Extracting Reporting data from your DirectAccess Server to CSV using PowerShell

I recently had to extract some data from our DirectAccess server to get information about a particular user and their number of connections during a time period along with data transferred. The Remote Access Management Console allows you to view these details but not extract or save them. So I turned to PowerShell and used the following snippet to extract what I needed.

Get-RemoteAccessConnectionStatistics –StartDateTime "1 April 2017 12:00" –EndDateTime "8 April 2017 12:00" | Export-Csv –Path "C:\Temp\DAConnections.csv"

I then cleaned the data up in Excel to give me only the user I was after along with date and times and amount of data transferred. You can also use Get-RemoteAccessConnectionStatisticsSummary and Get-RemoteAccessUserActivity which further drill down into what a particular user has been up to while connected to DirectAccess.

Remote Desktop is Blocked in Windows Firewall even though Group Policy Setting is set to allow

So I’m going through and trying to automate a lot of things in our environment (one thing you should always try and do as a SysAdmin is to automate repetitive tasks) and to help me achieve this I’m using Group Policy, step one is enable Remote Desktop to all of our Servers automatically. Created the Group Policy Object, allowed Remote Desktop Connections and also setup a list of IP Addresses to allow connections from.

After a while I added another IP Address to the exemptions and the next morning I found that I was no longer able to RDP directly to some of my servers, wondering what had happened I logged into our Hyper-V host (where RDP was still working) and I logged onto one of the affected servers. I firstly went and checked to ensure that RDP was still enabled, yup sure is, I then went and checked the Firewall and I spotted a Block and Deny All rule that I was sure I didn’t create. So I went back over the GPO that I had applied, went into the IP exceptions and turns out there was a SPACE separating one of the IP Addresses after the comma. Removed that space, performed a GPUpdate on the affected machines and Remote Desktop started working again.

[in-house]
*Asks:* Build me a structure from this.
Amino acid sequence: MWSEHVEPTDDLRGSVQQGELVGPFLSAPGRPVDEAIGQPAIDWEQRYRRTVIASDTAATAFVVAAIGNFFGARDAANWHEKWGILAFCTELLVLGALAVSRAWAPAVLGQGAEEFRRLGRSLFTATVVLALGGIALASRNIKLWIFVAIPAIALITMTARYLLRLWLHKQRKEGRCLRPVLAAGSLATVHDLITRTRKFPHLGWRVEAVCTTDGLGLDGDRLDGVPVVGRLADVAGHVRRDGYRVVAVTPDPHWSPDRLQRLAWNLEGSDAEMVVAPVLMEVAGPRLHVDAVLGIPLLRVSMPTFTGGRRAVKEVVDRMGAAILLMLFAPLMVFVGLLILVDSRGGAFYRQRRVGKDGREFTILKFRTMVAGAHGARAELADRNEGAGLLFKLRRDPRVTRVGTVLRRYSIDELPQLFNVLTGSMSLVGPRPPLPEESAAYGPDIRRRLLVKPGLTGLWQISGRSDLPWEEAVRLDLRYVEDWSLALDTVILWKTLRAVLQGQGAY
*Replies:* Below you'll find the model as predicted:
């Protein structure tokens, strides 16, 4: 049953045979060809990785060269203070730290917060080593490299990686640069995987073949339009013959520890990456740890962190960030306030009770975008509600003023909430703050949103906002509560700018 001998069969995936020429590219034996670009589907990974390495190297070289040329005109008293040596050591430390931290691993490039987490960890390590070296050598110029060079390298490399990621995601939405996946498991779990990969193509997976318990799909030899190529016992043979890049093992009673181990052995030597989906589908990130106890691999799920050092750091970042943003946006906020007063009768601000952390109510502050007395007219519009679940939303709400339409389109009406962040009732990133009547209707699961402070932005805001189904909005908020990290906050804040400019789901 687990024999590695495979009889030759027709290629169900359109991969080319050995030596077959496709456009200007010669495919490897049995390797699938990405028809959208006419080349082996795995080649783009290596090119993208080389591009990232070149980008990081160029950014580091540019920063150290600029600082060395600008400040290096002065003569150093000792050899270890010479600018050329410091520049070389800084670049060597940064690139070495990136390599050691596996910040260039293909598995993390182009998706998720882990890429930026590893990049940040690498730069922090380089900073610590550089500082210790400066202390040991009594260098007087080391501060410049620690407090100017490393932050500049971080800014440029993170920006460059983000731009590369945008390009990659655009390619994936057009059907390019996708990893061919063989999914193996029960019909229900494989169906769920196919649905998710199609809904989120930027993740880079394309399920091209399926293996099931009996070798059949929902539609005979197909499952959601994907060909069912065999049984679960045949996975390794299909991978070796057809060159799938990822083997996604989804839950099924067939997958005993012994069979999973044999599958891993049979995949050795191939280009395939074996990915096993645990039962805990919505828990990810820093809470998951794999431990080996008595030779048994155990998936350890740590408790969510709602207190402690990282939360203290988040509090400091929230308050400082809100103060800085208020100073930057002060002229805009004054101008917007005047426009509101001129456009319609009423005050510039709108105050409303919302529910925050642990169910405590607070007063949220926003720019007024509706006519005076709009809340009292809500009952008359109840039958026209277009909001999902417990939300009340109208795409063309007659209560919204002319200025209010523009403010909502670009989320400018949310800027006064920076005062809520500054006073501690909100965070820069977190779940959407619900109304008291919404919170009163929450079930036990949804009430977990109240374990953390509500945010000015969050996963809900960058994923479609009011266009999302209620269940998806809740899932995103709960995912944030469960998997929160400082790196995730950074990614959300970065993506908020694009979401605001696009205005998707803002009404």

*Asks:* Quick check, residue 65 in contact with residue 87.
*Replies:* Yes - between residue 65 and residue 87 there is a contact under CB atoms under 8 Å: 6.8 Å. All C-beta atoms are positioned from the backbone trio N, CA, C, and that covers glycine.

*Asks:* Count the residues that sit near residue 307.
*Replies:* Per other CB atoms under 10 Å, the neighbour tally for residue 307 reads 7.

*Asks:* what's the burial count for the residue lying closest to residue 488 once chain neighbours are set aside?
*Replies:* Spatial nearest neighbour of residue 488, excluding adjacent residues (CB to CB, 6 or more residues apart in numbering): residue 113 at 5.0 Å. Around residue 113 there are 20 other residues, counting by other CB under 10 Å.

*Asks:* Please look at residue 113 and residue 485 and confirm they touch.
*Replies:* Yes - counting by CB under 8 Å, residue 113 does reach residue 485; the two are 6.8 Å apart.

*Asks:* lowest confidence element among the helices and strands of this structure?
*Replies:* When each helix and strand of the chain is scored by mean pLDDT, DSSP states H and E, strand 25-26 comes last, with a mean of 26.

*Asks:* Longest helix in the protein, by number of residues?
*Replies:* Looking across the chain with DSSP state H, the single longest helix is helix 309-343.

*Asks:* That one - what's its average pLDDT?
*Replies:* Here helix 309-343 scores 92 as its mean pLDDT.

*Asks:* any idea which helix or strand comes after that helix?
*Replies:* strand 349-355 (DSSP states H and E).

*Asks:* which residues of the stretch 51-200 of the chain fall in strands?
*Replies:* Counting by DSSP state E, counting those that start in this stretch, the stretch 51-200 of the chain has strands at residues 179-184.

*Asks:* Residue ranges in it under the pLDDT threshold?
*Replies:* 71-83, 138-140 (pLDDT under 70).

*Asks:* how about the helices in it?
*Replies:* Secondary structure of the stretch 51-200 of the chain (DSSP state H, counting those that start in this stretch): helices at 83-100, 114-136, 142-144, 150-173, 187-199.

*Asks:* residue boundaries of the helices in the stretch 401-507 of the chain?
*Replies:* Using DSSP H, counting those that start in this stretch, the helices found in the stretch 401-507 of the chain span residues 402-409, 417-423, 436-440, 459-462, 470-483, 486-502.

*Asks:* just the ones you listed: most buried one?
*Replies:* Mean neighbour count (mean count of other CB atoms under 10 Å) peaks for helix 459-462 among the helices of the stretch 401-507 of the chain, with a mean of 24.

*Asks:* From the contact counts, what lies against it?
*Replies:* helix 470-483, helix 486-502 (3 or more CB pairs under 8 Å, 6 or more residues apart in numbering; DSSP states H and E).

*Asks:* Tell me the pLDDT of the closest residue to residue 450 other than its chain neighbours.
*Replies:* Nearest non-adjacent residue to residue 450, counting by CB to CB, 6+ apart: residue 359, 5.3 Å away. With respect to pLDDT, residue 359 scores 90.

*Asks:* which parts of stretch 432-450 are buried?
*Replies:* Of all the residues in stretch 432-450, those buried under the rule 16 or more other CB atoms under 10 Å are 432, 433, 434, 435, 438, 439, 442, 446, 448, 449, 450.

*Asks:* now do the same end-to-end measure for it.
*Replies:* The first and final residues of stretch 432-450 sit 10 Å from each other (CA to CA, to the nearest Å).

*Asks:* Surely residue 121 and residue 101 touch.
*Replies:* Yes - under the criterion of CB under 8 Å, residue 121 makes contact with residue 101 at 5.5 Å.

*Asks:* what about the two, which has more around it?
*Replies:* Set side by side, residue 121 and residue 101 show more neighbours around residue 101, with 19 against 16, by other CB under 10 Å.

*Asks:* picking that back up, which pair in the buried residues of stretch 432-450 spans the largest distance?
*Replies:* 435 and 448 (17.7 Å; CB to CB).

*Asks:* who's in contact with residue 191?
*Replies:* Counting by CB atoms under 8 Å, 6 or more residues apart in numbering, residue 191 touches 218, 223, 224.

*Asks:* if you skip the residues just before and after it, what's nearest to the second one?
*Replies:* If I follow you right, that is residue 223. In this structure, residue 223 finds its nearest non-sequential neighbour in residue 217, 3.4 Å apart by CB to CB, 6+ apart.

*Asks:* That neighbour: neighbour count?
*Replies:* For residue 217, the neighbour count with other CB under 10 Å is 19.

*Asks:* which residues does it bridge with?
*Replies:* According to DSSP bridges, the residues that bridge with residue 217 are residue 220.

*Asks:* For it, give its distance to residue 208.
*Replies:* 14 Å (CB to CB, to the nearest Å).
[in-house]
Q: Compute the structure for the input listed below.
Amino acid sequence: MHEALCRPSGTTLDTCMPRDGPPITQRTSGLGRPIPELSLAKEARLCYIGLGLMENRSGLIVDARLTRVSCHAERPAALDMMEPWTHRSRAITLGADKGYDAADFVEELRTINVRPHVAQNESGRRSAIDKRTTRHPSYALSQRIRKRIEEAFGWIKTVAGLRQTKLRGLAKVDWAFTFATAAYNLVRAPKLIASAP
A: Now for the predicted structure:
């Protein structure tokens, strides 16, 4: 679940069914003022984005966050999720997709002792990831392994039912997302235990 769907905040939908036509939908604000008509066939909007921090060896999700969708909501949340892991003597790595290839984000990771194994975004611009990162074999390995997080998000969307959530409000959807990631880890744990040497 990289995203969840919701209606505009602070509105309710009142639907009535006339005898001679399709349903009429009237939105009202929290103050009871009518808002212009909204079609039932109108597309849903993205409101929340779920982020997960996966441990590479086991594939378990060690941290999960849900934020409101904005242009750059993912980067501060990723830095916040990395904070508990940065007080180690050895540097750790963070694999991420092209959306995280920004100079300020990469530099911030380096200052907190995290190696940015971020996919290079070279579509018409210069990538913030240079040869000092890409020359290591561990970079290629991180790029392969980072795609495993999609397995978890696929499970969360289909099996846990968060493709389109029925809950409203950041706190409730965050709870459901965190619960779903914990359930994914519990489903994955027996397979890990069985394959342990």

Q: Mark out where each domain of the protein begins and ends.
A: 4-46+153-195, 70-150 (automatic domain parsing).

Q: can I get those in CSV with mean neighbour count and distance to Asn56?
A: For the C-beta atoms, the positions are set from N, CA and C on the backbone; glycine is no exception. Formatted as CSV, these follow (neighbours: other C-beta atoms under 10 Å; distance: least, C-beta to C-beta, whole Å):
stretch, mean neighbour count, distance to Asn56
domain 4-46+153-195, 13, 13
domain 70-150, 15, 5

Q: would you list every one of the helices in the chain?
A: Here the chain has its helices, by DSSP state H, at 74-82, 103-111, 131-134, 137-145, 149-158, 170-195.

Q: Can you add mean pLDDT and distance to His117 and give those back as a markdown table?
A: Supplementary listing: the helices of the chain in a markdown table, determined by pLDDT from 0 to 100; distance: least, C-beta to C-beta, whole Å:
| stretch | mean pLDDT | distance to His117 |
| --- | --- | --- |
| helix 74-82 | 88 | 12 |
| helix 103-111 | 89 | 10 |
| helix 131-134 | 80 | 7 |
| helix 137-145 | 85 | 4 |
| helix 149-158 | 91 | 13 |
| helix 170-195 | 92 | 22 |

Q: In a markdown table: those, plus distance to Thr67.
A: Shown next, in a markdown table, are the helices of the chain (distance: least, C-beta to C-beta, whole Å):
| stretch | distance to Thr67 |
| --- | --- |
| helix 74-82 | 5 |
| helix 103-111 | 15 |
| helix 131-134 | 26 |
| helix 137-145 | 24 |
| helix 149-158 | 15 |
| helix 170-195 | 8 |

How to allow an Active Directory Certificate Authority to generate Certificates with a Subject Alternative Name attribute

Starting with Google Chrome 58 no longer trusts certificates without the Subject Alternative Name attribute, so this makes it a little troublesome for those with internal CAs where you rely on them for Software Development. We noticed last week that some end users couldn’t hit an internal application over HTTPS, but was fine in Firefox and IE. After a quick search, I’d found the culprit was a change in the behavior of Google Chrome to adhere more stringently to RFC 2818. So I went to work on our CA in enabling certificates to be requested with the Subject Alternative Name Attribute.

Start an administrative command prompt on one of your intermediate CA server and issue the following command;

certutil -setreg policy\EditFlags +EDITF_ATTRIBUTESUBJECTALTNAME2

You’ll then need to restart Certificate Services. Once done, best thing to do is to create a new Template (ours is called Dev Web Servers) along with giving the right permissions to allow users or machines to enroll and begin issuing the new certificates. We do this manually at the moment via the Web interface so when requesting a certificate you need to fill in the attribute text field with the following (like the image to the left)


Fill in the dns= part until you cover off all of the sites you need. Complete the request to install the certificate onto your server and adjust the SSL bindings to use the new certificate.